One of the toughest decisions seniors face is when to give up their keys and stop driving. Even slight changes to the ability to remember, think and reason can lead a senior to decide to stop driving, a new study finds. Impaired cognitive function foreshadows the decision of many seniors to give up driving, even more so than age or physical changes related to Alzheimer’s disease, researchers found. And routine brain testing — in particular, screening meant to detect the earliest and most subtle decline — could help older adults make safe driving decisions while still preserving their independence, the study concluded. “Many older drivers are aware of changes occurring as they age, including subjective cognitive decline,” said researcher Ganesh Babulal, an associate professor of neurology at Washington University School of Medicine in St. Louis. “Doctors should discuss such changes with their older patients,” Babulal added in a university news release. “If risk is identified early, there is more time to support the remaining capacity and skills, extending the time they can drive safely, and to plan for a transition to alternative transportation options to maintain their independence when the time comes to stop driving.” For the study, researchers tracked 283 people with an average age of 72 who drove at least once a week and had no cognitive impairments at the start. The participants…  read on >  read on >

Many people have been caught by surprise when an electric-powered car has smoothly and silently crept up on them as they walked. But such an accident can pose a very serious risk to life and limb, and pedestrians might be twice as likely to be hit by an electric or hybrid car than a gas-powered vehicle, researchers reported May 21 in the Journal of Epidemiology & Community Health. It’s even more risky in urban areas, with people there more than three times as likely to be hit by an electric car compared to a gas-powered model, researchers found. “Drivers of electric or hybrid-electric cars must be cautious of pedestrians who may not hear them approaching and may step into the road thinking it is safe to do so, particularly in towns and cities,” said the team led by Phil Edwards, an epidemiologist with the London School of Hygiene and Tropical Medicine. “The greater risk to pedestrian safety posed by electric or hybrid-electric cars needs to be mitigated as governments proceed to phase out petrol and diesel cars,” the researchers wrote. Traffic injuries are the leading cause of death for children and young people, researchers said, adding that pedestrians represent 1 in 4 traffic deaths. To study the potential added risk from electric vehicles, researchers analyzed UK data from 2013 to 2017 on pedestrian deaths and…  read on >  read on >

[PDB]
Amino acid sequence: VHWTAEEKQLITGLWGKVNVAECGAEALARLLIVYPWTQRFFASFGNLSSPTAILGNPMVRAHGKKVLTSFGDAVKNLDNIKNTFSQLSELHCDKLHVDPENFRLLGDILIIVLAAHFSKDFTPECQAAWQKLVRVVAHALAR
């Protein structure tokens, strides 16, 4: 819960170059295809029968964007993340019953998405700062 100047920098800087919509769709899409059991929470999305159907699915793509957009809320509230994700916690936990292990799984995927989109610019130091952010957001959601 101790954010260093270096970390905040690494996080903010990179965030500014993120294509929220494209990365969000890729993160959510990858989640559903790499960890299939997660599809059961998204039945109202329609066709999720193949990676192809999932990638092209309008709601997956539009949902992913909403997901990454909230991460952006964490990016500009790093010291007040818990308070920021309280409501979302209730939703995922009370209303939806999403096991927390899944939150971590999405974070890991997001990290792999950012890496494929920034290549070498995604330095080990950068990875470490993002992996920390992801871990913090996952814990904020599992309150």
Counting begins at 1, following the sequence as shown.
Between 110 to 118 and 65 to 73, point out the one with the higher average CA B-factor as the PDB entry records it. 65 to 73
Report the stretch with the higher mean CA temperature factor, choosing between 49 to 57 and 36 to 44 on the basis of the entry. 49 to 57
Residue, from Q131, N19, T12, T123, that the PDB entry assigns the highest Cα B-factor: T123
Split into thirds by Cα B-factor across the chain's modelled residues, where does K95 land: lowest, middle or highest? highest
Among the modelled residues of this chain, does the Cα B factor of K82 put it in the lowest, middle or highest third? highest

Long-term daily use of aspirin has been known to prevent colon cancer, but up to now it’s been unclear why that is. Now, researchers think they understand how aspirin acts against colon cancer, a new study says. Aspirin appears to boost aspects of the body’s immune response against cancer cells, according to findings published April 22 in the journal Cancer. “Our study shows a complementary mechanism of cancer prevention or therapy with aspirin besides its classical drug mechanism involving inhibition of inflammation,” said lead researcher Dr. Marco Scarpa, a general surgeon with the University of Padova in Italy. For the study, researchers obtained tissue samples from 238 patients who underwent surgery for colon cancer between 2015 and 2019. Of those, about 12% were aspirin users. Tissue samples from aspirin users showed less cancer spread to the lymph nodes, and more aggressive activity of immune cells against tumors, the researchers said. In the lab, they discovered that exposing colon cancer cells to aspirin enhanced the ability of immune cells to alert each other to the presence of tumors. Specifically, immune cells started expressing more of a protein called CD80. In patients with rectal cancer, aspirin users had higher CD80 expression in healthy tissue, suggesting that aspirin enhances the ability of the immune system to seek out and destroy cancer cells, researchers said. The next step will be to…  read on >  read on >